Of course advisors and experts have returned to the news in the last couple of years. In the days pre-COVID and indeed pre-Brexit they were populist expressions that “we’ve had enough of experts.” But during the pandemic professional experts – epidemiologists and vaccine creators, for example – came rather back into favour. But, of course, with the proviso that “experts advise and politicians decide.”
The public interest argument here is intriguing. One of the oldest professions of the lot – medicine – has at its heart the Hippocratic oath – do no harm. Not least in response to the greatest challenge of our age – climate change. Some architects now campaign for the re-purposing, the refurbishment of buildings not their demolition and removal to be replaced by something else.
So where are the professions in 2021? Many are doing very well despite the pandemic. As knowledge workers who operate largely from keyboards, once they had grown accustomed to working from home, the change suited many of them very well. Anecdotal evidence suggests that after an initial panic which saw cost-cutting, lawyers, for example, especially those involved in commercial law, have benefitted handsomely from a wave of activity in M&A and other market disruptions. A combination of higher revenues and lower overheads, means that if you are a partner within one of the magic circle outfits in London you can earn over £1.5 million annually.
But this unusual coincidence obscure the underlying fragilities of the legal model? A number of law firms including the celebrated firm Mischcon De Reya are going onto the stock exchange to raise capital. To answer these questions Jericho and Stifel Europe convened a Zoom roundtable discussion in October 2021 as part of the “Ahead of the Curves” series supported by Stifel.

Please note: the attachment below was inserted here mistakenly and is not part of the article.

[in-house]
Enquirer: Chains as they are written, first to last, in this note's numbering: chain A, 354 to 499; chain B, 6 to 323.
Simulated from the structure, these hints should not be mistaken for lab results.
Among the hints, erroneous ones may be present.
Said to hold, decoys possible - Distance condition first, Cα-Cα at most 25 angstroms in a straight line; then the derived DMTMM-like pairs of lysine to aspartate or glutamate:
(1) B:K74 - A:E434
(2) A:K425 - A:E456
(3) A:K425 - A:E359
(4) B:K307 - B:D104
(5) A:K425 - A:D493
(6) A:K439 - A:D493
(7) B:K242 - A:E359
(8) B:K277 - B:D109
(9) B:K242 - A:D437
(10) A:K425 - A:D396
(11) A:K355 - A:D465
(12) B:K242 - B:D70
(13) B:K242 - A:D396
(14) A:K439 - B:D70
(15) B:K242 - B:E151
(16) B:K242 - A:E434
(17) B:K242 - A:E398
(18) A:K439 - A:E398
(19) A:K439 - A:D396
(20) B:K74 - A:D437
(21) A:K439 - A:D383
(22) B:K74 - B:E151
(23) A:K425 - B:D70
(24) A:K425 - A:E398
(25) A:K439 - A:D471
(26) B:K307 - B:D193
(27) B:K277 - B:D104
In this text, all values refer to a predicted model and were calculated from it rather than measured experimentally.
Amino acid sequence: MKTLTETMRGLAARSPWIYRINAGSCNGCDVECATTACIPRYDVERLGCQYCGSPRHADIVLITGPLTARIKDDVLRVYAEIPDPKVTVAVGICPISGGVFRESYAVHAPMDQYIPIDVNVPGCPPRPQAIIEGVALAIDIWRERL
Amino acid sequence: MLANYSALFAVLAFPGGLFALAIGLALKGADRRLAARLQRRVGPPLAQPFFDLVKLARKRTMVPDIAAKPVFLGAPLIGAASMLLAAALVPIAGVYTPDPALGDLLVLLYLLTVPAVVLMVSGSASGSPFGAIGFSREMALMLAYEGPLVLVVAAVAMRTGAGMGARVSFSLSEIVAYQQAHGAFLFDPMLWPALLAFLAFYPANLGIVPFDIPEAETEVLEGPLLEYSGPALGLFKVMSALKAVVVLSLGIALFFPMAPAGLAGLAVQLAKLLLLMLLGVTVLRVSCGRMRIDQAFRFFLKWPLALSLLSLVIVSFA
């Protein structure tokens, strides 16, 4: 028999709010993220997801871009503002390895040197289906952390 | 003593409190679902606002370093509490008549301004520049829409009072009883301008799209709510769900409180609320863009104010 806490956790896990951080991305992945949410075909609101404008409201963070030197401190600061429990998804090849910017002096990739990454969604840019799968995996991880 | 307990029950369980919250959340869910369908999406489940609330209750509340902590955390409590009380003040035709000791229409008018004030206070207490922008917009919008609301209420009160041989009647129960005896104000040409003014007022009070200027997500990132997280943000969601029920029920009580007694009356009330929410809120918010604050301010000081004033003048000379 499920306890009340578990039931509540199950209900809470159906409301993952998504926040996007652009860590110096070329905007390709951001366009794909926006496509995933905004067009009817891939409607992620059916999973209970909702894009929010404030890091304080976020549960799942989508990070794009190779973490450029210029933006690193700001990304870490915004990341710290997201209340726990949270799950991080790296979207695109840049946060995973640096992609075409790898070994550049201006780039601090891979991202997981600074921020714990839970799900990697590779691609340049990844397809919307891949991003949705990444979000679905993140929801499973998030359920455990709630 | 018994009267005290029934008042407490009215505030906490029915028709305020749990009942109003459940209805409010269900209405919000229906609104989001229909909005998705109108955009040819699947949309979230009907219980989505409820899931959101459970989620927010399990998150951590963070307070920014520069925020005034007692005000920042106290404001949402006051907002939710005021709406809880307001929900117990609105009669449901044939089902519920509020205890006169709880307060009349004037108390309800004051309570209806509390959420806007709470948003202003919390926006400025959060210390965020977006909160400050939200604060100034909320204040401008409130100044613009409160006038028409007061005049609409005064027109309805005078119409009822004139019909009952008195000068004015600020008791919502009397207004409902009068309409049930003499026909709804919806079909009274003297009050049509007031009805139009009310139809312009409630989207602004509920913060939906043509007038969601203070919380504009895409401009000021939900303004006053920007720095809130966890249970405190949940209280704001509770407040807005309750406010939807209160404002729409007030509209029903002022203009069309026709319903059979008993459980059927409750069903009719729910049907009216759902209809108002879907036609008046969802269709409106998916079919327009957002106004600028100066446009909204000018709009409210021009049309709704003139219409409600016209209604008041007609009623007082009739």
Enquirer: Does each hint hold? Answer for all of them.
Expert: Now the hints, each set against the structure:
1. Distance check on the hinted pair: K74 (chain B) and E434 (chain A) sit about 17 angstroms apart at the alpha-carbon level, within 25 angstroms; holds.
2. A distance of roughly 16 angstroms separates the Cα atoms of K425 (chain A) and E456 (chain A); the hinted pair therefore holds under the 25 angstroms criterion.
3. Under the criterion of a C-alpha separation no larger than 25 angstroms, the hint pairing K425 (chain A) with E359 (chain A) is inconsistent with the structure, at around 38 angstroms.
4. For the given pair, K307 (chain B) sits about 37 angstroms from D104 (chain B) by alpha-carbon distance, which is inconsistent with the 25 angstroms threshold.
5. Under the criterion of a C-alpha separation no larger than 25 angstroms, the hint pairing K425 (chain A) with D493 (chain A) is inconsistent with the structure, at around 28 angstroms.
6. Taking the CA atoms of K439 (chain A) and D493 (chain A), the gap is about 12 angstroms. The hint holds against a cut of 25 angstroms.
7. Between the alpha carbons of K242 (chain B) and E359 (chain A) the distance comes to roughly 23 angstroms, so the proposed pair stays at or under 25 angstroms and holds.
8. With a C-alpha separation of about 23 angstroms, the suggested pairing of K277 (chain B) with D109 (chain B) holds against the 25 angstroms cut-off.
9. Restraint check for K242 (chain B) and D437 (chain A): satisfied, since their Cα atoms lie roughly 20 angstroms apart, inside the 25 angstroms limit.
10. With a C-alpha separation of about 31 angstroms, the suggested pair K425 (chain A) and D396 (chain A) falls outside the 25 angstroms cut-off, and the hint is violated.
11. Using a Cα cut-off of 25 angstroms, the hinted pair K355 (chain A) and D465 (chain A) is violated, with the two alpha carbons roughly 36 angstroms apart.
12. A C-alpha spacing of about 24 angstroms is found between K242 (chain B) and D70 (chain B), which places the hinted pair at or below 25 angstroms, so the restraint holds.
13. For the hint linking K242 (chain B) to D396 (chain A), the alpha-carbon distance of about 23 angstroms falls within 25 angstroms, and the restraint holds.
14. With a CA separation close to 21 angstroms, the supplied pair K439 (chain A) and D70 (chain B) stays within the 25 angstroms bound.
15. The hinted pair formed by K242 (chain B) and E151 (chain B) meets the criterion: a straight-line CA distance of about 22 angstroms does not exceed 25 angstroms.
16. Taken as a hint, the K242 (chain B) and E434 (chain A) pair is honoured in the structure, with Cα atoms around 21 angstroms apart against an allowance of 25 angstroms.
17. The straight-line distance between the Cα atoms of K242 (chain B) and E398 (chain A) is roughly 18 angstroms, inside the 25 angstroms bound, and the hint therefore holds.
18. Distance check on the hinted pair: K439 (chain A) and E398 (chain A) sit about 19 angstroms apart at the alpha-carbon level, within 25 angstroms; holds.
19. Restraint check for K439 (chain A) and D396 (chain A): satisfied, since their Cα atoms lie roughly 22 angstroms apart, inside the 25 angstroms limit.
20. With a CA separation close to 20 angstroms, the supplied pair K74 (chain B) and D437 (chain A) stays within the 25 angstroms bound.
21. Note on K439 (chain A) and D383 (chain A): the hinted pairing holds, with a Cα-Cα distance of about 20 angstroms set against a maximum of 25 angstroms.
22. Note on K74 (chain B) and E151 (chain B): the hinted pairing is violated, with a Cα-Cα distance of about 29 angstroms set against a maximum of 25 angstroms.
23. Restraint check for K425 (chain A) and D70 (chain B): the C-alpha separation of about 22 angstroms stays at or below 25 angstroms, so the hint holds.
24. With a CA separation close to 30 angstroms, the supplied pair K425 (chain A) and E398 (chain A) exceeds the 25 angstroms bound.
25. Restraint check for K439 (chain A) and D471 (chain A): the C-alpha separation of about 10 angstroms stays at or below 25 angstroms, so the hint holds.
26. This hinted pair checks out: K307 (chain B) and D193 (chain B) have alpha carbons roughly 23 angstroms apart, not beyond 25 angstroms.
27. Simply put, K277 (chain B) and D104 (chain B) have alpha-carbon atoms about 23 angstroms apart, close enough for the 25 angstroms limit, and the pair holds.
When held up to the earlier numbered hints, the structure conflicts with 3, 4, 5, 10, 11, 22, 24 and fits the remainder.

“We have a strong regulator and I take personal responsibility for those who work around me but there is no professional body that could exclude me for misconduct. Banking is not a profession”.
Eithne O’Leary, the President of Stifel, Europe, is a manager and leader of professionals in service although she said that she didn’t regard bankers as professionals themselves – “we have a strong regulator and I take personal responsibility for those who work around me but there is no professional body that could exclude me for misconduct. Banking is not a profession.” The FCA is a regulator of the financial services industry but it isn’t like the General Medical Council, for example.
One of Eithne’s concerns was the recruitment of talent into professional services post-pandemic and Brexit. Tier 4 student visas are 36% down and the shortage of qualified staff is creating wage inflation especially among the legal profession. There has also been much discussion about The Great post-Covid Resignation among the professional classes. Many have taken the opportunity while working from home to consider and re-address their work/life balance.
And 2021 is, of course, the first true year of real Brexit. Ministers have been accused of muddled handling of a post-Brexit regime for recognising the qualifications of foreign professionals, intended to help make Britain “the best place in the world to work”. The government introduced the professional qualifications bill into parliament without fully grasping which professions would fall within its scope.